5b. And many of those who have denied simplicity (certainly not all, but a troubling enough number) have gone precisely there. As Dolezal shows, J. P. Moreland and William Lane Craig say each of the three persons are “distinct centers of consciousness, each with its proper intellect and will,” and say (in strikingly similar language to Frame’s review), that “on no reasonable understanding of ‘person’ can a person be equated with a relation. Relations do not cause things, know truths, or love people in the way the Bible says God does.” What’s the conclusion? “It is the Trinity as a whole that is properly God. … the Trinity alone is God and that the Father, Son, and Holy Spirit, while divine, are not Gods. … We could think of the persons of the Trinity as divine because they are parts of the Trinity, that is, parts of God. It seems undeniable that there is some part-whole relation obtaining between the persons of the Trinity and the entire Godhead” (cited in Dolezal, 125-26). Yes, once you jettison simplicity, conceiving of the Father as “part” of God is undeniable. It’s also heretical. Not just angry-social-media-rant heretical, but *actual* heresy. Similarly, Cornelius Plantinga Jr. says, “…it will be appropriate to use the designator ‘God’ to refer to the whole Trinity, where the Trinity is understood to be one thing, even if it is a complex thing consisting of persons, *essences*, and relations” (cited in Dolezal, 126-27). There you have it. Deny simplicity, remain internally consistent, and you will be constrained to confess that the Trinity consists of multiple essences, entirely in contrast to Nicene (325 *and* 381) orthodoxy. Once again, this is actual heresy. And while, of course, those like Frame, Feinberg, etc., do not take their denial of the classical doctrine of simplicity to those heretical conclusions, they only stop short of them inconsistently.
Further interchange from Mike Riccardi:
//I am not trying to be combative. I long for orthodoxy as much as you or anyone else in this discussion.//
I hear you, brother. No combativeness perceived. And I don’t doubt your longing for orthodoxy in the least. Much love.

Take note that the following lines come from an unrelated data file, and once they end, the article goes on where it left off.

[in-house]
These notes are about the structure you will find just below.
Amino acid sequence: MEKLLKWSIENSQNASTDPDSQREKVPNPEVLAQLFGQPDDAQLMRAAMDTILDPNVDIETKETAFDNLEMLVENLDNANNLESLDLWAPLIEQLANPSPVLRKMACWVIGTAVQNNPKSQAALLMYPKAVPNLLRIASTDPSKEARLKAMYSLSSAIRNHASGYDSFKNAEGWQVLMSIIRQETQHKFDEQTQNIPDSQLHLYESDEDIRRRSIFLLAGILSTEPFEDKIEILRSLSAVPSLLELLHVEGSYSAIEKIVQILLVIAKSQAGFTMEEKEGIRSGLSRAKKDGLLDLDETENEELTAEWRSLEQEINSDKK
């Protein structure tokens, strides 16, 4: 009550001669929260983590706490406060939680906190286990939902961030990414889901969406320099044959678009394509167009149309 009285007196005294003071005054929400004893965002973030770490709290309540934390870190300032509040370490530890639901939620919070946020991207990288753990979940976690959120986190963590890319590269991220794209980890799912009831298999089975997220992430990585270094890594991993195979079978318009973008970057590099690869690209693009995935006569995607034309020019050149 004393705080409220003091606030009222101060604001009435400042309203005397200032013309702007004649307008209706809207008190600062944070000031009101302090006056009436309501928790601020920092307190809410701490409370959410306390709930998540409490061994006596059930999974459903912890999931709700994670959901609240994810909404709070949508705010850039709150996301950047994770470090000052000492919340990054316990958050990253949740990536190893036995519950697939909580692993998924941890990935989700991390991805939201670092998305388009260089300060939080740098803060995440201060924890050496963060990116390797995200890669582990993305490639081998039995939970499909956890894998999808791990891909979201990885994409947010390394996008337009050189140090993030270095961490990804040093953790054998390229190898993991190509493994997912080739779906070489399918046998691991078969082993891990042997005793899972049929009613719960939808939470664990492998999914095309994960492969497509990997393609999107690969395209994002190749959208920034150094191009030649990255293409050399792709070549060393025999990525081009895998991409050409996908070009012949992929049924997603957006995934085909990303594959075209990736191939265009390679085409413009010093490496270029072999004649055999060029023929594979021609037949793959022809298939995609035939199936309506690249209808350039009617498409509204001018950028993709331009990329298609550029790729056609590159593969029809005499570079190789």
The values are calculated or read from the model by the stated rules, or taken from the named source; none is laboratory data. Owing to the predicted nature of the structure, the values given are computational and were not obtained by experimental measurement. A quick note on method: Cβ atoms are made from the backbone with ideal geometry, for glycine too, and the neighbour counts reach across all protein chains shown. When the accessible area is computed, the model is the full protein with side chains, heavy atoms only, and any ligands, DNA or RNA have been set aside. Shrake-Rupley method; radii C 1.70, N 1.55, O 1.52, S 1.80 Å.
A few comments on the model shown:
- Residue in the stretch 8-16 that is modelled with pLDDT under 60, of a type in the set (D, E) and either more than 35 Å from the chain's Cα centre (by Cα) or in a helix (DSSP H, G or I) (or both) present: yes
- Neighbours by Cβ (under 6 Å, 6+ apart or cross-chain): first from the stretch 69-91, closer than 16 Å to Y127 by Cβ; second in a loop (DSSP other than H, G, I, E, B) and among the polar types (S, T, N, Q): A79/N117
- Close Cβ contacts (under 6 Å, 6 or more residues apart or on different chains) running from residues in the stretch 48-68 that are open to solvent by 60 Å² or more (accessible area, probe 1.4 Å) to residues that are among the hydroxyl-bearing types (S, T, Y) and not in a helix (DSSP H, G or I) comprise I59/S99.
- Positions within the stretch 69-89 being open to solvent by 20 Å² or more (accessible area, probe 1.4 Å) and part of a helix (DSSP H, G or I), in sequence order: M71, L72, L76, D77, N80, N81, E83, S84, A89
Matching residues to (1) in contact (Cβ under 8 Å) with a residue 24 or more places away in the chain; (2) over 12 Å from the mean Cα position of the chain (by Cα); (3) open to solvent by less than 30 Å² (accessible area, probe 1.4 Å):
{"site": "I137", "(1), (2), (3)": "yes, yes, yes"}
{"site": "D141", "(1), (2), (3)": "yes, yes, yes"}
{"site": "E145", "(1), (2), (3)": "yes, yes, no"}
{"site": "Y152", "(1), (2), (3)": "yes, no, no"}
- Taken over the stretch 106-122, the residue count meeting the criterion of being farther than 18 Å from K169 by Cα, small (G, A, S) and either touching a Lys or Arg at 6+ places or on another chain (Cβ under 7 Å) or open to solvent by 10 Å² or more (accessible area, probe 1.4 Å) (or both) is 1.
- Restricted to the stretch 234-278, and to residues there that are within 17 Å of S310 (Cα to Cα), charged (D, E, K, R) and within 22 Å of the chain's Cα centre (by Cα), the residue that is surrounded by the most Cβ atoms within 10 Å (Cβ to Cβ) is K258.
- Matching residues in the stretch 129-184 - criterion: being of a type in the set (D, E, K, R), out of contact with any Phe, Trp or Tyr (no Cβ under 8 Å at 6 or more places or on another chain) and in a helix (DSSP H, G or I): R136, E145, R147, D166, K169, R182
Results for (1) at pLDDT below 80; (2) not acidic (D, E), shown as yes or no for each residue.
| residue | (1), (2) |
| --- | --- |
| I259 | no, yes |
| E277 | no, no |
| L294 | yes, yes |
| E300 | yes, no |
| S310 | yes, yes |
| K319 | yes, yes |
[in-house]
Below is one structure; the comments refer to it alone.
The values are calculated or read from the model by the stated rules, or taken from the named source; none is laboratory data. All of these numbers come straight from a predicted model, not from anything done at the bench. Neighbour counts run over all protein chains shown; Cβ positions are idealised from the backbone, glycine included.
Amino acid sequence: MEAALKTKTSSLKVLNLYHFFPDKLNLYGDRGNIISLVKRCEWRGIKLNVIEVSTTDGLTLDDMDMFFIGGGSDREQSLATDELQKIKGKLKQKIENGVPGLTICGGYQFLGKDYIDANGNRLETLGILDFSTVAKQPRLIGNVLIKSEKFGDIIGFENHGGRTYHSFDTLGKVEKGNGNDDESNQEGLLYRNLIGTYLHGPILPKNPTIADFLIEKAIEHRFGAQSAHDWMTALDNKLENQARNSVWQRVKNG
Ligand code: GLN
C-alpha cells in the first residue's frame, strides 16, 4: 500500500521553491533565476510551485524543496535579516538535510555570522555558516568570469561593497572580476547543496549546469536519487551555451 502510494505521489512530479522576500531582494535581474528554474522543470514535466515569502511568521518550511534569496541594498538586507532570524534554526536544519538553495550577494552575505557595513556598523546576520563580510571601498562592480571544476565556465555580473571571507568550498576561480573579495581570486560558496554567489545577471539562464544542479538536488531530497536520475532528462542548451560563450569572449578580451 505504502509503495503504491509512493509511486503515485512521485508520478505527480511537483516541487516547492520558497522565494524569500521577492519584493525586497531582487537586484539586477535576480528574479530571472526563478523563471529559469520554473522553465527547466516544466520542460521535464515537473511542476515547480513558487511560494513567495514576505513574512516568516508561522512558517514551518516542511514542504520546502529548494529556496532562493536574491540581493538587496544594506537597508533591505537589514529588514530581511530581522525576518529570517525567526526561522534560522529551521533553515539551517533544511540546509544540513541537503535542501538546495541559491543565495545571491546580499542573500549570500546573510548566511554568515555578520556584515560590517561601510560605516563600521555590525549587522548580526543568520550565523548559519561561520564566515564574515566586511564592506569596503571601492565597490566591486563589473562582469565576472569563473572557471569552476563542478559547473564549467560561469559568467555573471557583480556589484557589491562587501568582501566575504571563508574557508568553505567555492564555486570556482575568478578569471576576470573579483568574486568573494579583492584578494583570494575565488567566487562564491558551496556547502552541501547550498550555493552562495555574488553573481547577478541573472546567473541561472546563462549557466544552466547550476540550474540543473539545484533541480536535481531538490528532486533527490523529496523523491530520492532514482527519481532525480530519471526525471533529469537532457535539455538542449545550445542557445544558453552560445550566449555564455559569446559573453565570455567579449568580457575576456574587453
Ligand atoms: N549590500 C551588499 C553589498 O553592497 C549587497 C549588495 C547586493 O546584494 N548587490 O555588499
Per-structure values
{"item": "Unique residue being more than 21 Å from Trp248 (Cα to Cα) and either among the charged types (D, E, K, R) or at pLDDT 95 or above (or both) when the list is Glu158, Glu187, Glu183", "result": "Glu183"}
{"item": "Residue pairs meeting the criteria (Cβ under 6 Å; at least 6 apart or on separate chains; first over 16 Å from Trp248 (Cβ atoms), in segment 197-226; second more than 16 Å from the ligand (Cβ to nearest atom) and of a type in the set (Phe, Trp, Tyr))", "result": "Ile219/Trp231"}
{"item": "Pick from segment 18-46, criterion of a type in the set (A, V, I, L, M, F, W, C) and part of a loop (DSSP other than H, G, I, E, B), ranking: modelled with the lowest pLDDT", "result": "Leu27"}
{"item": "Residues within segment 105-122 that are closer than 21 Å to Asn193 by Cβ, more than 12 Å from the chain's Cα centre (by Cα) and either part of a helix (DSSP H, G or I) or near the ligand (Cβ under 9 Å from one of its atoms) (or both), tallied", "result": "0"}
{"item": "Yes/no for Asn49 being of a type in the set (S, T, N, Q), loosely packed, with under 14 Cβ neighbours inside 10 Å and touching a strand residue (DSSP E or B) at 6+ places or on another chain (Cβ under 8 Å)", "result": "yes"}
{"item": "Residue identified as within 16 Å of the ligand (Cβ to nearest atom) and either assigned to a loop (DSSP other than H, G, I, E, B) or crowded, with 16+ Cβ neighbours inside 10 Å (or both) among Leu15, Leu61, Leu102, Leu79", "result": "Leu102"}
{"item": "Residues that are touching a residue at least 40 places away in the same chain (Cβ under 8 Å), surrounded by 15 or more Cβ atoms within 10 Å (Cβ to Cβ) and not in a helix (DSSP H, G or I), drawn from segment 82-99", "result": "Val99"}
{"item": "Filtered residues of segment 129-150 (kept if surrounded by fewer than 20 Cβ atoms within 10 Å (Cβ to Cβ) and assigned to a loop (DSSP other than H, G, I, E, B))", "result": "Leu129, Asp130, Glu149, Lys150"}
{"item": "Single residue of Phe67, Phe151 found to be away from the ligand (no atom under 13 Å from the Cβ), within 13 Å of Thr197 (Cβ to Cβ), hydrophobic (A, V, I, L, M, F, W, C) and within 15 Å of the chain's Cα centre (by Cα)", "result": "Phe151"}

//The attempt of Dolezal’s brand of classical theism . . . . I am simply baffled by Dolezal’s attempts to solve this sort of dilemma.//
I need to quibble with this, because it’s not Dolezal that’s proposing something novel here. It is not his brand. His position literally *is* the Christian tradition, even though it might be newer to you and me (and it is newer to me, and my ignorance of it is my responsibility as a Trinitarian monotheist).
//That is why Frame’s notion of a simple yet complex God seems to make better sense of the data of Scripture.//
I need to plead with you to hear the inherent contradiction there. “Simple yet complex” is a fundamental violation of the law of non-contradiction. As is “immutable yet changeable,” or “impassible yet impassioned.” You say, “As is three yet one!” But no, that’s not the same thing, because we don’t claim that God is three in the *same sense* that we claim He is one. Where A and B seem to be exclusive to one another, saying “A is true and B is true, though not in the same sense, and we’re not entirely sure how they reconcile,” is different than saying A is not A. The former is the model of tri-unity, the latter is the model of “simple yet complex.” “Simple yet complex” is “Simple yet not simple.” But “Three yet one” is not “Three yet not three.”
//For example, Steve Hays has shown that Jewish and Muslim scholars have used the same classical theist model to support unitarianism and many have argued that it fails to make sense of the Trinitarian character of God.//
It shouldn’t surprise us that the Christian doctrine of divine simplicity is used by other monotheists to support monotheism. That they understand this linchpin for the oneness of God but cannot understand how it coheres with the threeness of God isn’t the doctrine of simplicity’s problem; it’s the problem of unitarian presuppositions. When I hear this objection, all I hear is: “God cannot be one *and* three.” But we can’t undermine God’s oneness to make room for His threeness simply because we don’t understand how the two cohere. That reminds me of how kenotic theology — birthed out of the same Enlightenment/Kantian rationalism and opposition to metaphysics as the denial of simplicity is — basically claims that Christ had to empty Himself of some aspect of His deity, at least some divine attributes, otherwise He couldn’t be genuinely human. But that’s nothing more than claiming that Christ can’t be God because He’s man. We don’t modify aspects of Christ’s deity in order to make room for His humanity. Neither ought we to modify God’s oneness in order make room (i.e., make room in our finite minds which cannot fully comprehend these things) for His threeness.